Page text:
Someone starts every business with a vision. They are the driving force behind the company, and they want to change the world.
You might not work for the person who started the organisation. But, if you work for an Executive who is the creative thinker in your organisation, someone who innovates and drives change in the business – you are working for a visionary manager!
Working as an Assistant with a visionary manager has many advantages and disadvantages! We will look at how to work with a visionary manager, how you can support them, and what it means for your career. Firstly, let’s define a visionary manager.
What does it mean to be a visionary?
Author and speaker Josh Linkner defines a visionary as “willing to dream wildly and think ahead. When your organisation has a senior leader who focuses on what’s possible and breathes reinvention, you have a chance to reach those stellar, dreamed-about heights.”
It sounds incredible.
What an opportunity to work with someone who disrupts the status quo, innovates and drives the growth in the business! Visionary managers expect and often demand their team to create new ideas, think differently and embrace change. It is an exciting place to be, especially for Assistants. Working with a visionary brings so many opportunities because they will not work with their Assistant traditionally. They don’t work with anyone in a conventional way. The possibilities are endless.
But, with endless possibilities can come long hours, constant change, little structure and no strategy. Working in an environment with no clear path or plan of action can be stressful and frustrating. Many visionary leaders can make for bad managers because they are tasked with creating new ideas and thinking ahead rather than focusing on the here and now and dealing with the practical aspects of management. There are advantages and disadvantages when working with a visionary leader. Let’s look at how Assistants can work with and support a visionary.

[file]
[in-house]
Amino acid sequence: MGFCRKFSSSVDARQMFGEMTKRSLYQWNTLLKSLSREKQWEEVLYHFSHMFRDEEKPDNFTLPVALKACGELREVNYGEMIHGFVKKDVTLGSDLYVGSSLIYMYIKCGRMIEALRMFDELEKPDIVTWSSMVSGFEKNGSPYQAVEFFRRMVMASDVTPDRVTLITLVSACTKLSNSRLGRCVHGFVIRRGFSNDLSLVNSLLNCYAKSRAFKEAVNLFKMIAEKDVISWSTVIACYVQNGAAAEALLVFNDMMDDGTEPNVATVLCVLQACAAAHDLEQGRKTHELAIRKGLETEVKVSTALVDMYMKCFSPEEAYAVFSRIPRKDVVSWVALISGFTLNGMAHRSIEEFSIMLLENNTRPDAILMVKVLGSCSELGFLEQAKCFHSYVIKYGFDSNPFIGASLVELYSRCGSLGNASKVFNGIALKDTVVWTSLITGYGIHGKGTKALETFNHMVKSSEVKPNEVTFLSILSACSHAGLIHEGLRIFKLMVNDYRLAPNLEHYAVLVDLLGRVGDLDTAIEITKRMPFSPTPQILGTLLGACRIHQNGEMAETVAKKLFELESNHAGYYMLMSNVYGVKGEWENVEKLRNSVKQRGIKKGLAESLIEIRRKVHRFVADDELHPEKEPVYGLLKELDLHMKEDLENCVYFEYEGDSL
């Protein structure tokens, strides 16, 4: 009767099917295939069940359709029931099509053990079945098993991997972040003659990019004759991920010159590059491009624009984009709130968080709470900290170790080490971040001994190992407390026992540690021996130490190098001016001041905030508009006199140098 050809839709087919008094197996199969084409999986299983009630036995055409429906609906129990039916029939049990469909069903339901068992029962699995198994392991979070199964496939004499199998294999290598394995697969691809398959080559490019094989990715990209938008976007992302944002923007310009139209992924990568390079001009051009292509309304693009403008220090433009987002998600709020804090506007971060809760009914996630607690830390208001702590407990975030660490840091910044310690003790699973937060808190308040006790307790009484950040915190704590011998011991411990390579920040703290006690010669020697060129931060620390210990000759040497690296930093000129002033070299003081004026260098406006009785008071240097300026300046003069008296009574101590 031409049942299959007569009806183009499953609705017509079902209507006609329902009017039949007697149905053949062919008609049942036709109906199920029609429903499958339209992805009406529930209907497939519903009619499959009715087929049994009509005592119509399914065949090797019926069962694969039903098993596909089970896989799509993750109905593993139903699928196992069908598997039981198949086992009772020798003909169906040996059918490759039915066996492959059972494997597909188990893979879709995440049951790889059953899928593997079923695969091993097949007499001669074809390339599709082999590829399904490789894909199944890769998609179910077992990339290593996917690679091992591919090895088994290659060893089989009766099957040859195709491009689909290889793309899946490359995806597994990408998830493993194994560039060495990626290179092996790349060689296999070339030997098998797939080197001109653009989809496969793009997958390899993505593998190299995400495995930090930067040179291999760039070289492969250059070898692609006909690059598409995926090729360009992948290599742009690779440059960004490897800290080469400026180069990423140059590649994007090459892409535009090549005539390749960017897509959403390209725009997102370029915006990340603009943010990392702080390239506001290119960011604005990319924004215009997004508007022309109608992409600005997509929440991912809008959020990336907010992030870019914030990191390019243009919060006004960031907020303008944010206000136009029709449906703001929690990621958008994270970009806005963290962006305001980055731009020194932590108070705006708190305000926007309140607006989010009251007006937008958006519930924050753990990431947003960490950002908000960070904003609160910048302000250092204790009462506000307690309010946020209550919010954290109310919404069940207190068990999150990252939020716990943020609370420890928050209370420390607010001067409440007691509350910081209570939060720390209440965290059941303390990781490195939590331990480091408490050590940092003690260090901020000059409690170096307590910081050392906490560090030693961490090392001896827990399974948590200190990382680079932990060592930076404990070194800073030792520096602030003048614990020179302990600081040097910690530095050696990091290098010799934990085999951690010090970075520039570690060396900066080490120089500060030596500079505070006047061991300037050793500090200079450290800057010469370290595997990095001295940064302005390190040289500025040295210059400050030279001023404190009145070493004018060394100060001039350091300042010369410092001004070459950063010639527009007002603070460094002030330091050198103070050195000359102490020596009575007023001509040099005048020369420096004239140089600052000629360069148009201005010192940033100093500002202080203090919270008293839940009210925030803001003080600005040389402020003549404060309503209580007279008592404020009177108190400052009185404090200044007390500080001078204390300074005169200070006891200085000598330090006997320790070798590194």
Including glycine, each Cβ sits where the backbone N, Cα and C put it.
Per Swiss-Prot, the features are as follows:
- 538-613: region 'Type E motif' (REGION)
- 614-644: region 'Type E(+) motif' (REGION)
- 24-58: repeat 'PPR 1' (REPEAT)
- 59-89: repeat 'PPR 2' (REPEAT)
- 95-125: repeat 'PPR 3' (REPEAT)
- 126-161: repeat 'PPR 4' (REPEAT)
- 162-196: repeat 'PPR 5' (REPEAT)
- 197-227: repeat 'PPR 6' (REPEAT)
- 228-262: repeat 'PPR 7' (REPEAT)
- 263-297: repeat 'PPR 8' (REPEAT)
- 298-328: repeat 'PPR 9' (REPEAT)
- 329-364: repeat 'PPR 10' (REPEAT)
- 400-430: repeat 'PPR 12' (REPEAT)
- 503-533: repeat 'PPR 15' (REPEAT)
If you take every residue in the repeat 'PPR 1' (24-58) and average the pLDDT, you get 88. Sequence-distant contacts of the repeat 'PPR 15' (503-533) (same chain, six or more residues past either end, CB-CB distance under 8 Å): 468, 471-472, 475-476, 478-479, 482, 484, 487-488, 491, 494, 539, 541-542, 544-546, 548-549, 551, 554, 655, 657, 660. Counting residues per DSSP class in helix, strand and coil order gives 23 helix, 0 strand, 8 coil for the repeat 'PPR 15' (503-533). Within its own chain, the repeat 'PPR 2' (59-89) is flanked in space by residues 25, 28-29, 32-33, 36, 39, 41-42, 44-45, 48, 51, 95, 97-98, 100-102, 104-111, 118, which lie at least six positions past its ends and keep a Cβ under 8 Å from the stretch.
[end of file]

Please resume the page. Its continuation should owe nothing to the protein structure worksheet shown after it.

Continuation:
This is the most critical skill you can bring to the table when working with a visionary. It would be best if you were an executor. The person that gets things done. You must provide the structure to get their ideas and concepts up and running. How do you do this?
Create a schedule that allows them time to brainstorm with their team. They will need time to spitball ideas, develop new strategies and bounce off other creative types. Structure these meetings to have a definite end time, and ensure you are strict with the time. Go to the sessions to take notes and track what has been discussed. If you can’t be there, find a facilitator in the organisation that can help structure the brainstorming sessions.
Giving them this time will also ensure they use the rest of their time to work more structured and strategically.
Understand the business.
You must know what is happening at all points of the day and in the organisation. This means you need to network as you have never networked before. You need to be involved in everything, you need to know what is going on, and everyone in the organisation needs to loop you in. You can only provide structure for your Executive if you are involved.
Remember, if you work for a visionary manager, you must inspire confidence because you will often be the lynchpin between your Executive and the rest of the team. You need to know your job inside out, and you will need everyone else to know that. Confidence does play a key role in how you work with a visionary.
Your Executive has to know that you have their back. You will be there for them and support them through every up and down they face. You have to build an unshakable rapport with them. Please get to know them, be in their life and understand how they think and function. Bethany Burns, EA to the CEO of BrewDog, calls this ‘comfortable intrusion’.